Why Home Star Will Not Pass In 2011

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As much as those of us cheering for government assistance in the home energy efficiency industry don't want to admit it, the Home Star program (aka ‘Cash for Caulkers') looks like it will not make it through the legislature in 2011. Despite support from the President's Economic Recovery Advisory Board (PERAB), the US Chamber of Commerce, the National Association of Manufacturers (NAM) and about 3000 other organizations nationwide, conflicting political ideologies and financial interests on the Hill get in the way of progress once again.

Nonetheless, the movement to put contractors back to work making existing home inventories more environmentally friendly and energy efficient will push forward to address this ‘low hanging fruit' (we're taking suggestions for better terms...this one's gone cliché) of green technology adoption.


In case you get asked "Why did Home Star fail?" or "Will Home Star pass in 2011?" here's the talking points so you can sound like an expert:

  • $6B is a big number even in good times. Despite Retrofit for Energy and Environmental Performance (REEP) legislation being included in the American Clean Energy and Security (ACES) Act passed by the House of Representatives, the Building Efficiency title of American Clean Energy Leadership Act (ACELA) reported out by the Senate Energy and Natural Resources Committee, and investments secured in the American Recovery and Reinvestment Act (ARRA), getting signatures on checks is always more difficult than getting them on lengthy documents that will be dissected at a later date.
  • With no available cash in reserves (or 'payfor'/'paygo' as Washingtonians say), ugly words like debt and inflation keep bubbling to the surface. Supporting Home Star means increasing the money supply and/or borrowing from treasury bonds or other countries. That may fly in times of panic, but not in the doldrums of a dreary recovery.
  • The newly empowered GOP isn't fond of union-friendly prevailing wage (or ‘Davis Bacon') provisions. The more labor-sympathetic DNC pushed hard to require that private retrofitting projects receiving more than $2,000 in federal funding pay contractors higher wages than they would likely receive in the free market. This is a classic ‘each side's experts disagree and the majority wins' situation.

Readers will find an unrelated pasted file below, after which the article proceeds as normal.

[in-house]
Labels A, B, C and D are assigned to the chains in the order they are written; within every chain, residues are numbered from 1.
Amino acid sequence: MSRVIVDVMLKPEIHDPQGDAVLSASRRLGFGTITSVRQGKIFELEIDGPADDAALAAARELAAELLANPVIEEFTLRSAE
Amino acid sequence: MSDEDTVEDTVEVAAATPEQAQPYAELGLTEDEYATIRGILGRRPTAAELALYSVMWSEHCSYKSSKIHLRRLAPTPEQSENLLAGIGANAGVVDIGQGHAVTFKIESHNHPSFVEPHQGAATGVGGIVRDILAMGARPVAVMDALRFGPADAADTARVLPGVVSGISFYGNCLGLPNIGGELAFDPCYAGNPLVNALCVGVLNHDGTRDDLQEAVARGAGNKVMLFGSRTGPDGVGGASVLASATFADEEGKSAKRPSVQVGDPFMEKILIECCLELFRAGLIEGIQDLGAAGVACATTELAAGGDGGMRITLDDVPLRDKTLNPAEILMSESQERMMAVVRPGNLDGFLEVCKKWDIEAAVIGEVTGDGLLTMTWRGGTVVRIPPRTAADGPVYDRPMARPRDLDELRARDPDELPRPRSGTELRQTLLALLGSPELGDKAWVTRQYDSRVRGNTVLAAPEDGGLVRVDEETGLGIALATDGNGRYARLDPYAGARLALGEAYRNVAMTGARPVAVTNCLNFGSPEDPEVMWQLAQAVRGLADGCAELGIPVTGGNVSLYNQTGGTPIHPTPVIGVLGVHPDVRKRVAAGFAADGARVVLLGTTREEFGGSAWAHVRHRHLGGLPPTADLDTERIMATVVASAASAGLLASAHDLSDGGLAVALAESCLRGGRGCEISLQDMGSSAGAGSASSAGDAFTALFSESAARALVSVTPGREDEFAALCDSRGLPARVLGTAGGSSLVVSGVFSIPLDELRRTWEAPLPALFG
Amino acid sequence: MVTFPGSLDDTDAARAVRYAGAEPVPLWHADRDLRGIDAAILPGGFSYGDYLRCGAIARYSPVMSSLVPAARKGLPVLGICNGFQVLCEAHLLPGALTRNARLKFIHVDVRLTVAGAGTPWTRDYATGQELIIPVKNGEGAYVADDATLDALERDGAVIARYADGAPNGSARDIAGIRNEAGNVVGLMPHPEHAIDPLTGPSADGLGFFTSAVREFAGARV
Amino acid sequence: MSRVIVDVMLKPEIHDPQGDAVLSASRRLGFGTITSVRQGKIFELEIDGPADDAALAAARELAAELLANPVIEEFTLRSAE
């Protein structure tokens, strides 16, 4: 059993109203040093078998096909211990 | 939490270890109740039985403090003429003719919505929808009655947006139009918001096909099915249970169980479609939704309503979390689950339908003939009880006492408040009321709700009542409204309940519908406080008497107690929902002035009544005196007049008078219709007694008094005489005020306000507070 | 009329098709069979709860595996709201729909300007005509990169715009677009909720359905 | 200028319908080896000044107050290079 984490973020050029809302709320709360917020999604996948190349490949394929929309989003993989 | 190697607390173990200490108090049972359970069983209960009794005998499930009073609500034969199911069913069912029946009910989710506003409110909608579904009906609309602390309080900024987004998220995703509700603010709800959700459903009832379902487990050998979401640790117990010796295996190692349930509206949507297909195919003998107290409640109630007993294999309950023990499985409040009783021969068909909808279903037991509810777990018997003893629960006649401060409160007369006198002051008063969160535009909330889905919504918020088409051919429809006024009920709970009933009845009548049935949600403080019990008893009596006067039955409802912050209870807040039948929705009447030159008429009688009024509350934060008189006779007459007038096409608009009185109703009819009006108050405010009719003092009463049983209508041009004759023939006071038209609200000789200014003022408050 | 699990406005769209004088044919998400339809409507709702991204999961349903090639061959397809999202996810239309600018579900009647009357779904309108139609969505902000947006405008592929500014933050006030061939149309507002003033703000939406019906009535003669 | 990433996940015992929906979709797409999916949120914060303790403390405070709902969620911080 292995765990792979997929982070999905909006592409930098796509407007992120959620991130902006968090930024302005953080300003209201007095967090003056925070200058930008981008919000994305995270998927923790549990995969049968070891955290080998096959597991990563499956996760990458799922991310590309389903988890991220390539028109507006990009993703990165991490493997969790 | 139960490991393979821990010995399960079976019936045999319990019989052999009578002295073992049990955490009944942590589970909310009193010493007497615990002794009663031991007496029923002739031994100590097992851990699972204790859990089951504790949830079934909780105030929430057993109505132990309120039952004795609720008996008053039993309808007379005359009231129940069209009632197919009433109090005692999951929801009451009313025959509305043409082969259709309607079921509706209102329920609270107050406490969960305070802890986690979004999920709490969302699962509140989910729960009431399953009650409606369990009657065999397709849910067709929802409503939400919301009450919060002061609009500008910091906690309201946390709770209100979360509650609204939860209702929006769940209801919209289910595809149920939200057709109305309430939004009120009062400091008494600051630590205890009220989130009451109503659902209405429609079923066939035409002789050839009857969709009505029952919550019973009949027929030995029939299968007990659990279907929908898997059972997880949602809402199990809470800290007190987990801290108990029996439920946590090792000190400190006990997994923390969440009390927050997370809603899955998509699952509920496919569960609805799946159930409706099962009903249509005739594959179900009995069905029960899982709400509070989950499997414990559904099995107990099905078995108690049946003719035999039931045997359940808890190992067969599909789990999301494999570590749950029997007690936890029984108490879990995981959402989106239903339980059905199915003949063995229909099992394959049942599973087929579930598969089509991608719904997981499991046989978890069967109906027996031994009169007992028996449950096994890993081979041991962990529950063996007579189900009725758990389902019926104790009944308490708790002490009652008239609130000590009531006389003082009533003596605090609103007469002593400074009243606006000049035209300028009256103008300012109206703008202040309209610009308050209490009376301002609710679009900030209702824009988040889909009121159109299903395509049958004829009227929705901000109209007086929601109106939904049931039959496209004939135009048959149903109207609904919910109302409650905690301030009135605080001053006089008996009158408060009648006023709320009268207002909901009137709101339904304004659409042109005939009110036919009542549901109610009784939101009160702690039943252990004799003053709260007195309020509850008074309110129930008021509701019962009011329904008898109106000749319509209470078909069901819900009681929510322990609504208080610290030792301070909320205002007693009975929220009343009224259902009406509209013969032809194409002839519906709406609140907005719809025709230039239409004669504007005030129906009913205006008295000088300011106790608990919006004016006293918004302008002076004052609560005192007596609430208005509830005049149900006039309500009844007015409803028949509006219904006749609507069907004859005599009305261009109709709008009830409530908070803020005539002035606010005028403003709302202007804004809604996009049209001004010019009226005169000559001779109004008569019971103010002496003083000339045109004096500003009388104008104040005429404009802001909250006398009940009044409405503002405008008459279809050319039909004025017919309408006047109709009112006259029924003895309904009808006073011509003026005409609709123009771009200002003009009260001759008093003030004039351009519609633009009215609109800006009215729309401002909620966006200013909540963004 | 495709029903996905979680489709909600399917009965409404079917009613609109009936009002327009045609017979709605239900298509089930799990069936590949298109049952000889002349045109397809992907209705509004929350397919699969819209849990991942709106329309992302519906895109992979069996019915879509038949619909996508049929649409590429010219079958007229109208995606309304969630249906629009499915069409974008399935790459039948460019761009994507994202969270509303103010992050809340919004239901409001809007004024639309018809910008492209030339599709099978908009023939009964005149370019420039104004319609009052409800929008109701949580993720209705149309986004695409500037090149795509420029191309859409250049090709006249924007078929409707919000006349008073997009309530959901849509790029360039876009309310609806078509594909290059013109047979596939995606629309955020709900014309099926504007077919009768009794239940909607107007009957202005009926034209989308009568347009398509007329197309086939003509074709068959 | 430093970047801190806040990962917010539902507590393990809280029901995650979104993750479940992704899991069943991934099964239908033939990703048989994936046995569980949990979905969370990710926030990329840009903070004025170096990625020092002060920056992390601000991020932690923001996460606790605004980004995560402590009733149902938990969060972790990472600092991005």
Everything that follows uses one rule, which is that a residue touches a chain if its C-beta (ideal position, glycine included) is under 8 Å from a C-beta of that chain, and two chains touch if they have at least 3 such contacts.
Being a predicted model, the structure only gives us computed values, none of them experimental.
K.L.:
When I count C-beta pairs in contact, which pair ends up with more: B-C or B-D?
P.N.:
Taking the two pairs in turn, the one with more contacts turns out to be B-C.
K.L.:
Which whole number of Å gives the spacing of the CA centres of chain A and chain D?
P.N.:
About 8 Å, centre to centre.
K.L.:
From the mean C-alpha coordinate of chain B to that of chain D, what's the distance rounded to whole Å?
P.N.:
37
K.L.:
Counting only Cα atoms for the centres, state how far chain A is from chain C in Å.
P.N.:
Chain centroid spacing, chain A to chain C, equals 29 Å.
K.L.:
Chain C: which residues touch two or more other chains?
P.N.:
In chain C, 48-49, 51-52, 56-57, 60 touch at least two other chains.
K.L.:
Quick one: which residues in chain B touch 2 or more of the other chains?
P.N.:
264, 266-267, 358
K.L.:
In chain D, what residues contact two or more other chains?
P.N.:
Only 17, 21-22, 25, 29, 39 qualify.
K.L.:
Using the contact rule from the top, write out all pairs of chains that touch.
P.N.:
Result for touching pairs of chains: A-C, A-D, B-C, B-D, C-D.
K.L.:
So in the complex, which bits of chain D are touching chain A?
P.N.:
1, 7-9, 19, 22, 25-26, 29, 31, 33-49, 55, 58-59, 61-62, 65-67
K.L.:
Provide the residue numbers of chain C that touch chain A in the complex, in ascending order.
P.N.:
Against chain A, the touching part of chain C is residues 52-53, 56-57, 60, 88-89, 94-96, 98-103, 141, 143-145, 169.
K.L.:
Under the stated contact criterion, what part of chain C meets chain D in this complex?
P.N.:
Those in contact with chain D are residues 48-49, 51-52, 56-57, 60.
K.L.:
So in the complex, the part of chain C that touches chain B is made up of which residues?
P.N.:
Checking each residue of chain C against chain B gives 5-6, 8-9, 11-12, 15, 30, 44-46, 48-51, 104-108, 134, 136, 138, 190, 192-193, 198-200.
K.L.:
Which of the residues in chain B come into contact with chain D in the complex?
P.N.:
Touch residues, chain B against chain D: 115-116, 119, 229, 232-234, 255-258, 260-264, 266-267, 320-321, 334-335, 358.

• Sometimes environmentalists need to curb their passion a bit and leave the political arm wrestling to professionals. In this case it was the extension of the "what does ‘green' or ‘sustainable' really mean" dilemma into the auditing standards that dictate what retrofitting projects qualify for rebates and to what extent. As standards become more stringent, adoption rates plummet from increased confusion and expense, and thus Home Star would be lame out of the gate greenies got all their wishes. Small victories are better than none at all.
  • New home builders don't want older homes to compete on even terrain as property appraisal standards increasingly shift towards taking efficiency into consideration. By the time we get back to actually building new homes again, energy efficiency will be mentioned in the same conversation about a home's valuation as roofing soundness and the number of bathrooms. New homes are inherently more energy efficient, so politically connected homebuilding giants will do all they can to keep older housing stock from catching up.

The green industry should take some crucial lessons from the current lobbying failure of Home Star, especially the importance of having a unified voice in Washington. Renewable energy groups and energy efficiency organizations need to consolidate their messaging with the understanding that small victories for everyone beat no victories for anyone and that big oil's institutional hooks are dug in deeper than even the direst skeptics care to acknowledge.


The GreenTechBuyer team is confident that similar legislation supporting residential energy saving project subsidies will pass in 2012, likely with lessons learned from the points above. Business and commercial retrofits will probably get more help too. We're not policy wonks, but it just makes too much sense to seal building envelopes and install more efficient systems and appliances for the government not to help. 2011 will still be the year home energy efficiency emerges from the dusty afterthought of more shiny solar and wind projects to a prominent standard practice of sustainable property management. Home energy audit and efficiency pros will simply have to explain the financial and environmental benefits of retrofits to cash-strapped homeowners in a more compelling manner without the crutch of subsidies to back them up, and coordination will have to improve within an industry where everyone is trying to do well by doing good.


Caulkers, window replacers, weather strippers, insulation installers, HVAC specialists and the like, all is not lost, but your bonanza will have to wait. For now, let's keep improving our sales pitch, both to consumers and politicians.

 

Brian Koles is the founde of GreenTechBuyer, a web service that educates homeowners and real estate pros about green technology and energy savings, and then matches them with top local companies to get proposals for a specific green technology project.

 

Learn about your optiosn for green technology and energy savings at www.GreentechBuyer.org

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